Matthew C. Plourde – The Antaran Legacy

What is your most recent book? Tell us a bit about it.

The Antaran Legacy begins with a starship crash into a city on the planet of Antares. The setting is most certainly science fiction, and I believe this genre can be universally appealing. When boiled down to the bones, my stories are about the characters. The heroine’s actions are as universally sweeping as they are personally defining. The decisions that change us are usually rooted in tradition and culture – those are fun stories to dissect.

The novel examines the underlying traditions that bond a person, and the sometimes tragic decisions that must be made. Can love conquer all? What if love wasn’t meant to conquer? What if love could be contained? What sort of effort would that require?

This work of fiction is deeply tied with my own life story. To conquer cancer, I had to partition myself. A portion of my heart needed to be placed in isolation while the warrior inside of me did what had to be done for survival. This story is very much an integral part of what I’ve experienced. In my struggle, as in Helena’s, our hearts were the first casualty. That’s not something which can mend overnight.

Tell us something about yourself.

Well, let’s see. I’m a native New Englander and I’ve been writing since I could lift a pencil. Professionally, I’ve only been writing for a few years. My first Novel (Eden) is a top 10,000 Kindle book, however!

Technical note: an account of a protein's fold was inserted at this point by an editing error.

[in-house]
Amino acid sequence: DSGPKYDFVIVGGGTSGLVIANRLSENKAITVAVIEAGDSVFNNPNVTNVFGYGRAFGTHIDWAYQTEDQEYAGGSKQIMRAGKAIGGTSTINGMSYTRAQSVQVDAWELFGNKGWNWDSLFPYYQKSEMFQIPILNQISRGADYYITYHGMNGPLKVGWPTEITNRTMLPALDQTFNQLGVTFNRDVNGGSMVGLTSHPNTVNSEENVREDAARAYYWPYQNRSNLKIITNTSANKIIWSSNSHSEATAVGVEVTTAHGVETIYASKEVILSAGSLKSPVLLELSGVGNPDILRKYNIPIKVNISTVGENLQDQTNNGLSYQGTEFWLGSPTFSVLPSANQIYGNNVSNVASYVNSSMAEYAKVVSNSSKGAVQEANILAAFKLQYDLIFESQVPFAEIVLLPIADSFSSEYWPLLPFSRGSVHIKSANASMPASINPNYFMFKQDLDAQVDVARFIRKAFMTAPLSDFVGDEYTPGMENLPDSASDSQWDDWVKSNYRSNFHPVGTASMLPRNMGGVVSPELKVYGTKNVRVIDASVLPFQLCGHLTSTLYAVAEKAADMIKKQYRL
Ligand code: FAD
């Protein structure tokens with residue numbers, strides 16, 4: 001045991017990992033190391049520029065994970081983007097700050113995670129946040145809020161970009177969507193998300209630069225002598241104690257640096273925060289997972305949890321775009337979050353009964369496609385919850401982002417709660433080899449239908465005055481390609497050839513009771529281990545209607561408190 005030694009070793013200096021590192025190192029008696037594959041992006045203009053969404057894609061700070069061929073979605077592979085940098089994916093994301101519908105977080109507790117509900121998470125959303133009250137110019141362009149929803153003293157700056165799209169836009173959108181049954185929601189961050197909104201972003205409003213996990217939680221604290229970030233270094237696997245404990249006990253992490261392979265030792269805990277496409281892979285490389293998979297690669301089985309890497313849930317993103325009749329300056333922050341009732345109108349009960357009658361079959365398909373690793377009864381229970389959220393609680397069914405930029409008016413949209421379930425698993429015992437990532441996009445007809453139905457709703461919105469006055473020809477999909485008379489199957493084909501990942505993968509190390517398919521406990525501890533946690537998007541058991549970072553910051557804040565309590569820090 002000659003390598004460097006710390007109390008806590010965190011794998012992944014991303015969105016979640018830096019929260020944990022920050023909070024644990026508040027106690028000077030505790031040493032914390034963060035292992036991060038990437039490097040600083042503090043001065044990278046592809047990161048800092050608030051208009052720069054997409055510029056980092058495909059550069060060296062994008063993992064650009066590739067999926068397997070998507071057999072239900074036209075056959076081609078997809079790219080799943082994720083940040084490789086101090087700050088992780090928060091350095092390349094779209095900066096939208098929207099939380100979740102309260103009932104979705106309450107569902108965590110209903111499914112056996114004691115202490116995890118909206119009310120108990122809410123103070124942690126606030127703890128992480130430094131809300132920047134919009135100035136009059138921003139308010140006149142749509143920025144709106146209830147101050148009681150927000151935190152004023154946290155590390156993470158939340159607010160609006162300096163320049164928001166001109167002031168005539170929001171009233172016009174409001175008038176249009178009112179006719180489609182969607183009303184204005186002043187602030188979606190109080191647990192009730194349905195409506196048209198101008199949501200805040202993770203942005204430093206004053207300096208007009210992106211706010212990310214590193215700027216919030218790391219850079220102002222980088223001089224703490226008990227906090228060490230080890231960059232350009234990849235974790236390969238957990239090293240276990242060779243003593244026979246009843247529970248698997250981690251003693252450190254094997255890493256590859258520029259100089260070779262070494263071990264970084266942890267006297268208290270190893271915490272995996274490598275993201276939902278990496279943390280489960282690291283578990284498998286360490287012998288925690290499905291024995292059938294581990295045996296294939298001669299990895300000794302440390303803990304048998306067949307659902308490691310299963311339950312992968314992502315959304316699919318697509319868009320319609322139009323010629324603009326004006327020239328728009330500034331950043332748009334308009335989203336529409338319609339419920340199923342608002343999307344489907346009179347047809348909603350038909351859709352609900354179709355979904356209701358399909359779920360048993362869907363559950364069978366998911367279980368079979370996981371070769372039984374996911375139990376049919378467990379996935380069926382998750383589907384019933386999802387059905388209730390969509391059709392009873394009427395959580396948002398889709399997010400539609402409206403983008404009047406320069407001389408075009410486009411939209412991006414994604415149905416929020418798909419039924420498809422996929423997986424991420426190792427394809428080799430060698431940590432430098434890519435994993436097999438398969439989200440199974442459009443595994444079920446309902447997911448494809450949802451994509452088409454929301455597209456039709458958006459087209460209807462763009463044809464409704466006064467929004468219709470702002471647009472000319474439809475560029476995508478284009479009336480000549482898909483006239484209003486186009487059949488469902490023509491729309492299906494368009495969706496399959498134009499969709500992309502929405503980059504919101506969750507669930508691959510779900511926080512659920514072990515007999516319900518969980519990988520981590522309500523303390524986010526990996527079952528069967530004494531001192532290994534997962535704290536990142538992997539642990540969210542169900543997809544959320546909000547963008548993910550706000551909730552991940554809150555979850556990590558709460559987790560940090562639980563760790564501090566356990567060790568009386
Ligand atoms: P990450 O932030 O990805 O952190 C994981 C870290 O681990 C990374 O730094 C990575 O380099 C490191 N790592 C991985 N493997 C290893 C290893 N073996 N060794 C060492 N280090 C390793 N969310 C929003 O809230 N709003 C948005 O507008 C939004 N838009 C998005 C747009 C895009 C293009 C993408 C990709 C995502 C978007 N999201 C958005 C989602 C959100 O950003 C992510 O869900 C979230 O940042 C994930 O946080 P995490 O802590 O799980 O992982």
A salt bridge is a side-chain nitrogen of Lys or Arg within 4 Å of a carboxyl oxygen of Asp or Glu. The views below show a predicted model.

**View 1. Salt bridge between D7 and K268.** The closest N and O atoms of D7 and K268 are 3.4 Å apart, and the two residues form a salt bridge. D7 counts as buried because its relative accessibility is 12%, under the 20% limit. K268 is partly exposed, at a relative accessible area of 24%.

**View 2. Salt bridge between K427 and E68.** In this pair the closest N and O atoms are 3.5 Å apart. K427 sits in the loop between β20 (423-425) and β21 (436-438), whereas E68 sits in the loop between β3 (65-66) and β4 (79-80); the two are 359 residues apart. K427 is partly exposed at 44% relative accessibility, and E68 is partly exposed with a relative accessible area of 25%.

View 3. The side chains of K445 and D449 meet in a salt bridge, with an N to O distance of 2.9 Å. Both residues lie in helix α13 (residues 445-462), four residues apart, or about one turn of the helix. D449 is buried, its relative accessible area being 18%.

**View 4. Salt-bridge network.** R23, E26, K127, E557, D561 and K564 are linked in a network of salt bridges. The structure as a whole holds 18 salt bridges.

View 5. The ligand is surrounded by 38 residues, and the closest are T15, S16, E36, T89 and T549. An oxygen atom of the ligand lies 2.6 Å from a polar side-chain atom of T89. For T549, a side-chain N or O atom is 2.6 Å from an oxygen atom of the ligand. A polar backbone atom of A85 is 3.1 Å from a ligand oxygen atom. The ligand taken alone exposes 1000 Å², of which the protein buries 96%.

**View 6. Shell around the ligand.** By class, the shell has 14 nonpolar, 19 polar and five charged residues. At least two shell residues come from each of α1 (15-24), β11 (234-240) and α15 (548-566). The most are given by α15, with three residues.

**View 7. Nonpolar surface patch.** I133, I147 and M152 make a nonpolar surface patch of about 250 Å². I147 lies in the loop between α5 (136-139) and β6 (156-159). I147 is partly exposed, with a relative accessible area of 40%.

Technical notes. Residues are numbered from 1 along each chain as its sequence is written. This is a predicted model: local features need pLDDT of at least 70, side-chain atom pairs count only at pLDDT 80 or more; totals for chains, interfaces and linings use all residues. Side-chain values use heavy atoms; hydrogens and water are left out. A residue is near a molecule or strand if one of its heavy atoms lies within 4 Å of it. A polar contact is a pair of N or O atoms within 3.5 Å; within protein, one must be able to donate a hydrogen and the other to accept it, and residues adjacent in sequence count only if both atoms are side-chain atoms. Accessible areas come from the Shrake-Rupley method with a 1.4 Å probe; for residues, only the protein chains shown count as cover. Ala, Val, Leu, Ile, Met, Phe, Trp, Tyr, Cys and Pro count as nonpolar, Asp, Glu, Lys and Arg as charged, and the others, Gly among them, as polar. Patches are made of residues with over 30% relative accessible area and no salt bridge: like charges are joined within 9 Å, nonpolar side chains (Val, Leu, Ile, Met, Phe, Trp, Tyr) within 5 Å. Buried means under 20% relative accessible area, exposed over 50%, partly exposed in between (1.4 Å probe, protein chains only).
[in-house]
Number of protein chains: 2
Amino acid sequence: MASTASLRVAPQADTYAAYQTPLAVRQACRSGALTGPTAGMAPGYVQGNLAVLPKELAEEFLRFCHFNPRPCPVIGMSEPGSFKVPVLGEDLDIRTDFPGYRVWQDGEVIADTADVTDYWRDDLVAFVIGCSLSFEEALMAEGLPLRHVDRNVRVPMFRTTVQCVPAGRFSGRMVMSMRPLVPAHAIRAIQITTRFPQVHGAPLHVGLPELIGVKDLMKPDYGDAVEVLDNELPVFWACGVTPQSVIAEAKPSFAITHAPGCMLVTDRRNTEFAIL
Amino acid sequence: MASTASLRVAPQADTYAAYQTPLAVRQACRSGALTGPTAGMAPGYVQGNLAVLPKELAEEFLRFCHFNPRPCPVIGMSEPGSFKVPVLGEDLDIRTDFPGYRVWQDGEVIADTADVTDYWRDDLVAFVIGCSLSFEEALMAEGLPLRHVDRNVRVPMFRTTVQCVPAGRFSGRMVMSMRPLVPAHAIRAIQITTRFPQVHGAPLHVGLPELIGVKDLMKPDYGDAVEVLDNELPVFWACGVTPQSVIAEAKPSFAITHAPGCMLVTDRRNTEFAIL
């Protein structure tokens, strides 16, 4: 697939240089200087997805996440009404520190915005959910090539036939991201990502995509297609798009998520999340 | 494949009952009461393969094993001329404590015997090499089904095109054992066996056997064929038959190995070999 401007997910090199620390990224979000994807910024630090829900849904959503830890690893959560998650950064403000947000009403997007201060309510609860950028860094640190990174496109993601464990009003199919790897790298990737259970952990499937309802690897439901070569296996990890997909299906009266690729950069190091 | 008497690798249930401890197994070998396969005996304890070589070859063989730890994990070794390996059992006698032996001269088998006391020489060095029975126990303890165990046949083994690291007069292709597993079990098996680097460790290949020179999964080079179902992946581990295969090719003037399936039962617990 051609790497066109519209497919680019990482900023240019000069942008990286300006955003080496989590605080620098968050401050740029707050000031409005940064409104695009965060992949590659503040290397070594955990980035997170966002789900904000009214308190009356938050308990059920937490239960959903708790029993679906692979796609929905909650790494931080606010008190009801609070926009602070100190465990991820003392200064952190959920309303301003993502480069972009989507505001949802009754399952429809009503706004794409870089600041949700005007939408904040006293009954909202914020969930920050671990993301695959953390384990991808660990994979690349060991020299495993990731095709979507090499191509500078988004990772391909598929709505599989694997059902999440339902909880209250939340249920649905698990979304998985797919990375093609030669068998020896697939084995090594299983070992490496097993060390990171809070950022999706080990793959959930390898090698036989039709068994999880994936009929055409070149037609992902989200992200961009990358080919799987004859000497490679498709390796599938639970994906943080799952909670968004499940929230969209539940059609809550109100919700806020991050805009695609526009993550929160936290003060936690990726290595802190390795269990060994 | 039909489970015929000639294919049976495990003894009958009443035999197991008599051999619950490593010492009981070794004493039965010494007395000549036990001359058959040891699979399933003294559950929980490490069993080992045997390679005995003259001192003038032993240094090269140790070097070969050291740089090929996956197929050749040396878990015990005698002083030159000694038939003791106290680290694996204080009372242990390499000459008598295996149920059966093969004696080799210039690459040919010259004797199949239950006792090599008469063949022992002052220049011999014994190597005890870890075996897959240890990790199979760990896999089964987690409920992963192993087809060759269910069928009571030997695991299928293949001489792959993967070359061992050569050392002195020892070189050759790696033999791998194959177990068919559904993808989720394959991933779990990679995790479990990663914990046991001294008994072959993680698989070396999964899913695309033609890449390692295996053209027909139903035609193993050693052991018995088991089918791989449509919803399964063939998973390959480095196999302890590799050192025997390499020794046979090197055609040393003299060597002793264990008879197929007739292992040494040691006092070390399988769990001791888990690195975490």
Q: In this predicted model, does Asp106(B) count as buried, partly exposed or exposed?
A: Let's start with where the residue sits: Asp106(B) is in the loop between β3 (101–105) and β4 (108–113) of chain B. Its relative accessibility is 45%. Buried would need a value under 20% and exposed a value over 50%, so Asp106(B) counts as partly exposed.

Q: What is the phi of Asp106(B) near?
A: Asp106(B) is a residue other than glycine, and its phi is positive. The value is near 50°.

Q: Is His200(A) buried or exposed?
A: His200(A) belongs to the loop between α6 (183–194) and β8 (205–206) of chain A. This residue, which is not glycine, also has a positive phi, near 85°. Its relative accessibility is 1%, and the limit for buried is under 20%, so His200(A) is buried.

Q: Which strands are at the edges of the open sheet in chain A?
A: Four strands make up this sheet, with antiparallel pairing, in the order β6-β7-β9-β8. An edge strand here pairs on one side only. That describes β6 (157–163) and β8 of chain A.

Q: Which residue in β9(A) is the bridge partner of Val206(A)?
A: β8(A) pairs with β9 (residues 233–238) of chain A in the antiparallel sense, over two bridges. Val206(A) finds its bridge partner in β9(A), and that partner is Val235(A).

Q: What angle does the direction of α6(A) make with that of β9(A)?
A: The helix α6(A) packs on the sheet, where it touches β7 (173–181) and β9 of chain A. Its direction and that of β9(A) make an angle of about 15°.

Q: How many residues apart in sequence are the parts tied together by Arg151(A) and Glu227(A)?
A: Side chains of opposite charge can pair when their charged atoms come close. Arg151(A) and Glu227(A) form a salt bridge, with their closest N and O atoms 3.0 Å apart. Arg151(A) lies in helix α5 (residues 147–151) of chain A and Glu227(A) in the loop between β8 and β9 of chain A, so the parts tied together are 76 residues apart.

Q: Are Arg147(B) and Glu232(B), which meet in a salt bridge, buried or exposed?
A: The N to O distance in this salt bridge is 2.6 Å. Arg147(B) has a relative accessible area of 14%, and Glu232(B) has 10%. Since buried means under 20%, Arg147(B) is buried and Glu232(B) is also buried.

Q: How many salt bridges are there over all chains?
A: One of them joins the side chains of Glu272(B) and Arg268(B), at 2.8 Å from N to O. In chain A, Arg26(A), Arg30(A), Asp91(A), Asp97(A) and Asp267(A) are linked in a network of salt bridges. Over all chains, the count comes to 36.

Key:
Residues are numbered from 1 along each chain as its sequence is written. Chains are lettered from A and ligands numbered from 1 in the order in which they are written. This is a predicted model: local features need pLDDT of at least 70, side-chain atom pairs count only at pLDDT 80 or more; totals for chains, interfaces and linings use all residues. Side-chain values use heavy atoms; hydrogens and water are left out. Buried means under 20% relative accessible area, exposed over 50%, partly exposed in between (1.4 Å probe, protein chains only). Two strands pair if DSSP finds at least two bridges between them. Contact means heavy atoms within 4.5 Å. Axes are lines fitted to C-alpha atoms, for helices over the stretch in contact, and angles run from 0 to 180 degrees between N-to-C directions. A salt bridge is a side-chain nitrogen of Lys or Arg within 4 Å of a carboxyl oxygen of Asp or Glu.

My life certainly didn’t pan out the way I had expected. I fought for my life and nearly died from cancer at the age of 23. From that point forward, everything changed. However, change is like a glacier and it moves at its own plodding pace. My experience with cancer taught me a valuable lesson – don’t allow life to just “happen” around you. Make changes, take risks and be true to your own heart.

After 11 years, I’m finally acting upon those lessons learned. I left a comfy career in my hometown to travel the world as an enterprise consultant. My wife and I lived in Vietnam for a month while we adopted our son. And I’m now listening to that ever-present voice telling me I’m an artist. Words and stories are my craft, and I hope you find some joy and surprises in my fiction.

What inspired you to write this book?

The latest one? It actually started from a spontaneous story I told my wife one night. A song on the radio sealed the deal and the Antaran Legacy was born!

How did you choose the title?

With my first book, Eden, the title was a trivial affair. I knew exactly what I wanted. With The Antaran Legacy, I was torn. Originally it was called “For Duty,” but I later changed it to convey more of a science fiction flair. The name comes from the main character’s background – she is from a planet in the Antares system.

What obstacles did you encounter in getting this book published? How did you overcome them?

It’s tough out there for new writers. As bookstores close and the market shifts towards eBooks, the publishing industry is full of uncertainties. At first, the form rejection letters discouraged me, but I found strength in fellow self-publishers. Their success moved me into action. I think my path to publication was always meant to go through my own blistered hands. I have complete control over my entire process and I’m happy so many people have enjoyed my fiction.